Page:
# ðŸ“Š R - *Formula Objects*

*Formula Objects*

Updated at 2017-10-16 19:59

**Formulae convey a relationship among a set of variables.** We can define a formula without having any data loaded.

```
~ x
# formula that defines a single independent variable, "x", pretty useless
y ~ x
# one dependent variable, translates to "y" depends on "x".
```

** ~ creates a formula object.** They are used differently by different libraries, but the original intent was to allow specify "which variables does the left side depend on?"

```
# left of ~ is the dependent variable, the "outcome" or "result"
# right of ~ are the independent/predictor/covariate variables
myFormula <- Species ~ Sepal.Length + Sepal.Width + Petal.Length + Petal.Width
myFormula
# Species ~ Sepal.Length + Sepal.Width + Petal.Length + Petal.Width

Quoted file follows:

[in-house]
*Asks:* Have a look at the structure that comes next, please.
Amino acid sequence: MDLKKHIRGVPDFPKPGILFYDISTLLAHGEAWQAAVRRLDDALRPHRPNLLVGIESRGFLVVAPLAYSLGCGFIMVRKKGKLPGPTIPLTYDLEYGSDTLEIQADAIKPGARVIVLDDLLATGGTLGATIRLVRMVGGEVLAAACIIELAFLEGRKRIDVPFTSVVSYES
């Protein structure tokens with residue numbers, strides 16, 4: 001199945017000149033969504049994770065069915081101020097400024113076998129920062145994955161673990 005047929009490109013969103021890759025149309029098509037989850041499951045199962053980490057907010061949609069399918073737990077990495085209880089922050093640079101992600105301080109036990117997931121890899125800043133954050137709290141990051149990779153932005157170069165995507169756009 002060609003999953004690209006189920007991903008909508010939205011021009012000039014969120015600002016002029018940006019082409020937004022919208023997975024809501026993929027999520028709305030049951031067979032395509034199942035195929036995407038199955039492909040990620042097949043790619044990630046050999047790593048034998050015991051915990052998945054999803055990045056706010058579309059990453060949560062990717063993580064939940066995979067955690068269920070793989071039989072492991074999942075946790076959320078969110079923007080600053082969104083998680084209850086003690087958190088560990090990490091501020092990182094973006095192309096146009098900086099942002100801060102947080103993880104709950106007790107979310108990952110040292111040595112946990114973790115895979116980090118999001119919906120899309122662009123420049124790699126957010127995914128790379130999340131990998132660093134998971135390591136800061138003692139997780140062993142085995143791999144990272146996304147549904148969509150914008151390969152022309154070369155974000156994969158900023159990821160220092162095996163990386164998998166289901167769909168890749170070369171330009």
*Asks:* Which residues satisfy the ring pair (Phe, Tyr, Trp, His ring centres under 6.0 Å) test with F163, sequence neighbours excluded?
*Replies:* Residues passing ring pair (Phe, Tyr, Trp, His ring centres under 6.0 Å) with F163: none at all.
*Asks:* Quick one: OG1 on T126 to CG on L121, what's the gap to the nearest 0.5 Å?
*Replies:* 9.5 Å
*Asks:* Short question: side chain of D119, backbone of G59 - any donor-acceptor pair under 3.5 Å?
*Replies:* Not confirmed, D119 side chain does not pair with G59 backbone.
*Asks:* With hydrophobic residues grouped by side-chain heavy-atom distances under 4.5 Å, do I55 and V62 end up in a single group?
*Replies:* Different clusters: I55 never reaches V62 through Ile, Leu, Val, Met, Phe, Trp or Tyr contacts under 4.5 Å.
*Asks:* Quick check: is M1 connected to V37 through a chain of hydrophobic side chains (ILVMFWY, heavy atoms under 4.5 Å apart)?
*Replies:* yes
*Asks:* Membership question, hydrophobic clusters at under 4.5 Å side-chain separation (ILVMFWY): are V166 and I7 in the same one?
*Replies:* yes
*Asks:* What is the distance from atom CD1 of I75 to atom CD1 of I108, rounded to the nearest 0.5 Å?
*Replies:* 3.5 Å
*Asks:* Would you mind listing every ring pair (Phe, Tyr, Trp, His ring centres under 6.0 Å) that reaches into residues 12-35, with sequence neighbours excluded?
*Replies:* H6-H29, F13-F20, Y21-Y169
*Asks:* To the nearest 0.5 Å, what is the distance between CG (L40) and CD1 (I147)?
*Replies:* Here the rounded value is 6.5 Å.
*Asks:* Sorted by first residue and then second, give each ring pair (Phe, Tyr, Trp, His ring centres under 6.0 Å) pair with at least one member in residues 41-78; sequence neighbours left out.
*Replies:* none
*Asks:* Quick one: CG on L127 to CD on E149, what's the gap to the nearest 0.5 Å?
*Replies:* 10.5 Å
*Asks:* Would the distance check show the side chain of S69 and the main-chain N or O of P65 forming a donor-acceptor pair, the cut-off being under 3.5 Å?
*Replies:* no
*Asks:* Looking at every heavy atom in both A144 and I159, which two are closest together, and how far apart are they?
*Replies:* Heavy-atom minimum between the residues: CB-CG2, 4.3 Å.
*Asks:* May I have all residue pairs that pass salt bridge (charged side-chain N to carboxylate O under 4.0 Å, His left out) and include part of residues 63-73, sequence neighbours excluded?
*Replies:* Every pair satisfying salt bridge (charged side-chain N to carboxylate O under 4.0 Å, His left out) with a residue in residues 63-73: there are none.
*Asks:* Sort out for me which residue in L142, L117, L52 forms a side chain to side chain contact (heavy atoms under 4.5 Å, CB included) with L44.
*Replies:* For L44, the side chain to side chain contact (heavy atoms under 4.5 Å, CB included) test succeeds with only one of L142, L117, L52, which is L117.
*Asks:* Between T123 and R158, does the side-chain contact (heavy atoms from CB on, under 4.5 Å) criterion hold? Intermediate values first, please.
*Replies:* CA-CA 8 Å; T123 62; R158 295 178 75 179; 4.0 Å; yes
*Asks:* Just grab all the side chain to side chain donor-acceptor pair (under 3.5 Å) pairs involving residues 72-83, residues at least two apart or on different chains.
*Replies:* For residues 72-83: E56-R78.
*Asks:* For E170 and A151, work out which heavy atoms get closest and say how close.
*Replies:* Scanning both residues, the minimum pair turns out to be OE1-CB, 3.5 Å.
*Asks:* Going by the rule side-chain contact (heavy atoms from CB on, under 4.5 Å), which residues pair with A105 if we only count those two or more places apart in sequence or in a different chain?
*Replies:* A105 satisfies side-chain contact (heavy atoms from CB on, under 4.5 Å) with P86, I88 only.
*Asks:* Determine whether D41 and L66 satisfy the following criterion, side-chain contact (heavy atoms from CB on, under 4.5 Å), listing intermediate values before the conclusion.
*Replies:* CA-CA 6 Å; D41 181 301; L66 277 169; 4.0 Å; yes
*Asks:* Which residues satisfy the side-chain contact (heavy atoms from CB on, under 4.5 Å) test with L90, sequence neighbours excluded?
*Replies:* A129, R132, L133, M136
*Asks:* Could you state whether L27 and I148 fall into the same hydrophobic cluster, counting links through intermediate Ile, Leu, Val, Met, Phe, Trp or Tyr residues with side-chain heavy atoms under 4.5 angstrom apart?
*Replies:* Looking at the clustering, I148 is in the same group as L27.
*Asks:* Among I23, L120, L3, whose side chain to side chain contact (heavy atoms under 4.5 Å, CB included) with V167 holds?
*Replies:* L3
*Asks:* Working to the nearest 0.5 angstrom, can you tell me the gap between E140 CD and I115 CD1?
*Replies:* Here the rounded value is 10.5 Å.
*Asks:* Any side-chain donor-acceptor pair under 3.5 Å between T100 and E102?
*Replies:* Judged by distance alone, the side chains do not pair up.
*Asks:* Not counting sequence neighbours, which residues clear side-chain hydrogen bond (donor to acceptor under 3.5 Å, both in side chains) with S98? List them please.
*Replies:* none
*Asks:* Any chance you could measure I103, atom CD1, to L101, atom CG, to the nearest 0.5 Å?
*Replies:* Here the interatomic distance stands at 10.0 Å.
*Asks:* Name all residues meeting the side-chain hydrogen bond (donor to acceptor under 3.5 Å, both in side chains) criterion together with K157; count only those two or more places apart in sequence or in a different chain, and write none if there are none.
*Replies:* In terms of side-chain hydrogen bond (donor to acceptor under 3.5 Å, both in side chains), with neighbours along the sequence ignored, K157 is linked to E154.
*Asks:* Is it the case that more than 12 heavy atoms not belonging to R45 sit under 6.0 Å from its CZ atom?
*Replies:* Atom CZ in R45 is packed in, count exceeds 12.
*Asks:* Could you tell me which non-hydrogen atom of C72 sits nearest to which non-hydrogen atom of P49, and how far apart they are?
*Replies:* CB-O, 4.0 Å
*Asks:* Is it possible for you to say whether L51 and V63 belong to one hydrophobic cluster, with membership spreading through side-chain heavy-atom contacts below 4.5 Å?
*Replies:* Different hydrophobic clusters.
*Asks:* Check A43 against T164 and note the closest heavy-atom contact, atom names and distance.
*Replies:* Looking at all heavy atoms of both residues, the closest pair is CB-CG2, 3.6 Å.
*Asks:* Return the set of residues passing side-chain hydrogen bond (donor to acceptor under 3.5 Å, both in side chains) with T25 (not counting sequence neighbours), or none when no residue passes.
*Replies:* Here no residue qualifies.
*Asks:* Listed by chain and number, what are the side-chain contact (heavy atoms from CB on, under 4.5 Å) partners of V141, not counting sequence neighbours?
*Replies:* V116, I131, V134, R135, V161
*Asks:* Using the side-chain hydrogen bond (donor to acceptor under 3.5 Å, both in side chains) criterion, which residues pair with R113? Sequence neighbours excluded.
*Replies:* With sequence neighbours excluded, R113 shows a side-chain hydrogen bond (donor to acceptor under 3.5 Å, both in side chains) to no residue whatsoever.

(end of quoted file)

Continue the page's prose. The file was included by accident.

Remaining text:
# you would read this as "Species depends on Sepal.Length, Sepal.Width..."
allFormula <- Species ~ .
allFormula
# Species ~ .
# . in formula translates to "all variables not yet used"
# you would read this as "Species depends on all the other variables."
```

- An expression of
`y ~ model`

is interpreted as the response`y`

is modeled by a predictor specified symbolically by`model`

. `+`

operator is used to separate terms in a model.`:`

operator is used to separate variable and factor names in those terms.`*`

operator denotes factor crossing:`a*b`

interpreted as`a+b+a:b`

.`^`

operator indicates crossing to the specified degree:`(a+b+c)^2`

is identical to`(a+b+c)*(a+b+c)`

.`%in%`

operator indicates that the terms on its left are nested within those on the right:`a + b %in% a`

expands to the formula`a + a:b`

`-`

operator removes the specified terms:`(a+b+c)^2 - a:b`

is identical to`a + b + c + b:c + a:c`

.